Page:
Cartoon of the Year, by Tim Blair.
Johannes Leak’s cartoon on the Boris Johnson letterbox controversy is funny. Very funny. And that’s the most important thing.
Cartoon of the Year, by Tim Blair.
Johannes Leak’s cartoon on the Boris Johnson letterbox controversy is funny. Very funny. And that’s the most important thing.
How the Left Is Outsourcing Censorship of the Internet, by John Hinderaker.
Liberals control every newspaper in America, as far as I know, except the Manchester Union Leader. They control CBS, ABC, NBC and every cable network except Fox News. They control what is left of the news magazines, and pretty much every other magazine, too. Only talk radio and the pesky internet lie outside their grasp, so that is where they seek to impose censorship.
But they have a problem: the First Amendment. The government can’t suppress conservative speech on the ground that it is “hate speech,” i.e., something that liberals don’t like. That was recently reaffirmed by a 9-0 decision of the Supreme Court.
So liberals have outsourced censorship of the internet to the tech titans of Silicon Valley.
Unfortunately, most political conversation these days occurs not on the “free” internet, where independent sites like Power Line reside, but rather on social media–Facebook, Twitter, YouTube and so on. Other players include Google (in its search capacity), Apple, Pinterest, Spotify, etc. Happily — if you are a leftist — all of these tech companies are run by liberals. And because they are private companies, they are not constrained by the First Amendment. They can restrict or ban conservative communications on the ground that they are “hate speech,” or on no grounds whatsoever, with impunity.
And that is exactly what they are doing….
Any claim by the Left that companies aligned with it are merely cleansing themselves of disreputable content would be absurd. First, PragerU is among the most reputable content on the internet. Second, they have taken no action against left-wing extremists like the fascist Antifa, which disseminates its hate speech freely on every social media platform I am aware of.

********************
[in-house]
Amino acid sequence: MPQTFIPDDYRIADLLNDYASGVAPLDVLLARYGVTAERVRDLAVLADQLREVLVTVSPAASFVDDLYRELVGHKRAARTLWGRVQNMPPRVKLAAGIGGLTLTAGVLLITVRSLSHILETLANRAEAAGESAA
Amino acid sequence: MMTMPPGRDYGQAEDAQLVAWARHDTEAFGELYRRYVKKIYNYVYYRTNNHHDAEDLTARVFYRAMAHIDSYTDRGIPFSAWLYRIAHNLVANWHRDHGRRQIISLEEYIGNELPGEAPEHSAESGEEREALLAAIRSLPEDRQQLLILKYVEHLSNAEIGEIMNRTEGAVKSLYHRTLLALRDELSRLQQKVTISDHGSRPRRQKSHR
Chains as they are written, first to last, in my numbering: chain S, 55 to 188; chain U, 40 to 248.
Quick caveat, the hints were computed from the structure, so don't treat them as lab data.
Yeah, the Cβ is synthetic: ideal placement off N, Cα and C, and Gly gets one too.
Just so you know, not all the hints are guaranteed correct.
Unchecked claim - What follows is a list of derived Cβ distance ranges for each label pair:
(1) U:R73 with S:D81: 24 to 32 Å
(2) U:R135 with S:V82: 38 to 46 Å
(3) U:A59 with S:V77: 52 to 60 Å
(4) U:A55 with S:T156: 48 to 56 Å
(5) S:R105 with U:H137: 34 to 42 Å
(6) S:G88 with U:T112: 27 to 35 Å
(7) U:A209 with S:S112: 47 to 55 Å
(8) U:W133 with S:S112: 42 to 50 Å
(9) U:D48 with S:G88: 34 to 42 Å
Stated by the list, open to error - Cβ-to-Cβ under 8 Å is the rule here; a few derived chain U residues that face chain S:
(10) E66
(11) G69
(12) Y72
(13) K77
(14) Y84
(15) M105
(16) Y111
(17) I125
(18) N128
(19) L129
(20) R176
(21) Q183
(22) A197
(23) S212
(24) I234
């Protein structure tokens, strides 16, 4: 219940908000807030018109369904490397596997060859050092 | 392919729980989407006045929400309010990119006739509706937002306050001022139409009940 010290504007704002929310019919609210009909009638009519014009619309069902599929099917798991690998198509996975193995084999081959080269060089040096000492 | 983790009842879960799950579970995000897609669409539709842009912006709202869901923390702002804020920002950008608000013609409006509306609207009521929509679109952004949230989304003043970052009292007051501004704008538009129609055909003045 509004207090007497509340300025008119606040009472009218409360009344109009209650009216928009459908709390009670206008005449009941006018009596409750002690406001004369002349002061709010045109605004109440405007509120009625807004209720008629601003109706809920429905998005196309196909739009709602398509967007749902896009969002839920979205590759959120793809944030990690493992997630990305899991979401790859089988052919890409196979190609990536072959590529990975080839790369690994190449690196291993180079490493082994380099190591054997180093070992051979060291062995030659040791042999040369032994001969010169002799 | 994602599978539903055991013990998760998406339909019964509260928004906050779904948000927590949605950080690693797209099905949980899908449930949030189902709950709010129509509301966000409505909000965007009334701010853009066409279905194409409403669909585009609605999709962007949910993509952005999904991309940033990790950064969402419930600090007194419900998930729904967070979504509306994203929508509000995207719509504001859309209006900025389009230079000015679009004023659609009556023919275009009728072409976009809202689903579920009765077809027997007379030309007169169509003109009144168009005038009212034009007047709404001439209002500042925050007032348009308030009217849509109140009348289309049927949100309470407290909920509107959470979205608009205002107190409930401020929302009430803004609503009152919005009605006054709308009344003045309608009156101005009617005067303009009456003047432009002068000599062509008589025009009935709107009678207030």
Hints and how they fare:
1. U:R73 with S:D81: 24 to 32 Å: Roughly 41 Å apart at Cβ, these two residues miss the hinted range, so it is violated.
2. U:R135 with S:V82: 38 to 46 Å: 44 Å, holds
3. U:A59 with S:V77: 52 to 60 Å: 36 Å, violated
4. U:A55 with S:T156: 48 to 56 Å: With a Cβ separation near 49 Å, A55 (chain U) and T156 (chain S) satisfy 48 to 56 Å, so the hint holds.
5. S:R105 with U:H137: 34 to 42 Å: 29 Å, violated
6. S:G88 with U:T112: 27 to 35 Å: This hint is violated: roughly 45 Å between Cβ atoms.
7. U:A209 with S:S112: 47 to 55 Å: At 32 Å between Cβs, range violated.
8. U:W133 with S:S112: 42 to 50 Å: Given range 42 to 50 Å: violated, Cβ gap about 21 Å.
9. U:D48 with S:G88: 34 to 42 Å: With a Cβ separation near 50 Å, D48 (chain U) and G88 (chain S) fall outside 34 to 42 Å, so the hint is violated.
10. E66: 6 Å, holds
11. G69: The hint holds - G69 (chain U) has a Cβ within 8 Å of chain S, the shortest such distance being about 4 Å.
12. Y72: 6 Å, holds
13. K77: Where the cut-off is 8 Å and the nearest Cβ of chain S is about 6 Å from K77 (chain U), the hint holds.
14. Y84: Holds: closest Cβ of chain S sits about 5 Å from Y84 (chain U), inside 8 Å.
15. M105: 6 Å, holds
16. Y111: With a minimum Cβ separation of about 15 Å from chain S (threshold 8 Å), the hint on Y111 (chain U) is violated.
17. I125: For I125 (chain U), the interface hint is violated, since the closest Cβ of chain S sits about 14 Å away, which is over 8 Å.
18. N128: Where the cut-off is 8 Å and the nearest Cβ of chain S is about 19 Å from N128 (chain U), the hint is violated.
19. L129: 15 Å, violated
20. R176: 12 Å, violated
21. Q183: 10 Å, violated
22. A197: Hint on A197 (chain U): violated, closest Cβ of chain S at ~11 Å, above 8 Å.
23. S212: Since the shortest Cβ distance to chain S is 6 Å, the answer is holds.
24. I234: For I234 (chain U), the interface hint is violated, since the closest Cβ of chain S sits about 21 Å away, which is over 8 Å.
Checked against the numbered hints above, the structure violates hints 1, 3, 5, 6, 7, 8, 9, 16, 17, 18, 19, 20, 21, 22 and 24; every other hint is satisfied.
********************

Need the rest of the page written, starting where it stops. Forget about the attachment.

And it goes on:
The Left’s attempt to outsource censorship to its Silicon Valley allies is one of the most important issues of our time. The proper solution may lie in creating competitive platforms, or in legislative, regulatory or judicial action. Perhaps platforms fitting a particular legal definition should be regulated as public utilities. After all, Federal Express doesn’t refuse to deliver packages to the National Review office on the ground that they may contain conservative communications, and telephone companies haven’t tried to cut off connections when two conservatives are talking. Why should Facebook, Twitter and YouTube be permitted to engage in political discrimination?
China: The Russian Front, by Jim Dunnigan.
Russia is trying to cope with the fact that the newly (for the first time in history) modernized Chinese forces are a long-term threat to Russia. In China, there is lots of new gear and plenty to go around. China has a more effective economy and lots more money. Worst of all for Russia there are many ways to weaponize wealth. Examples abound in far eastern Russia and that is most unwelcome with most Russians.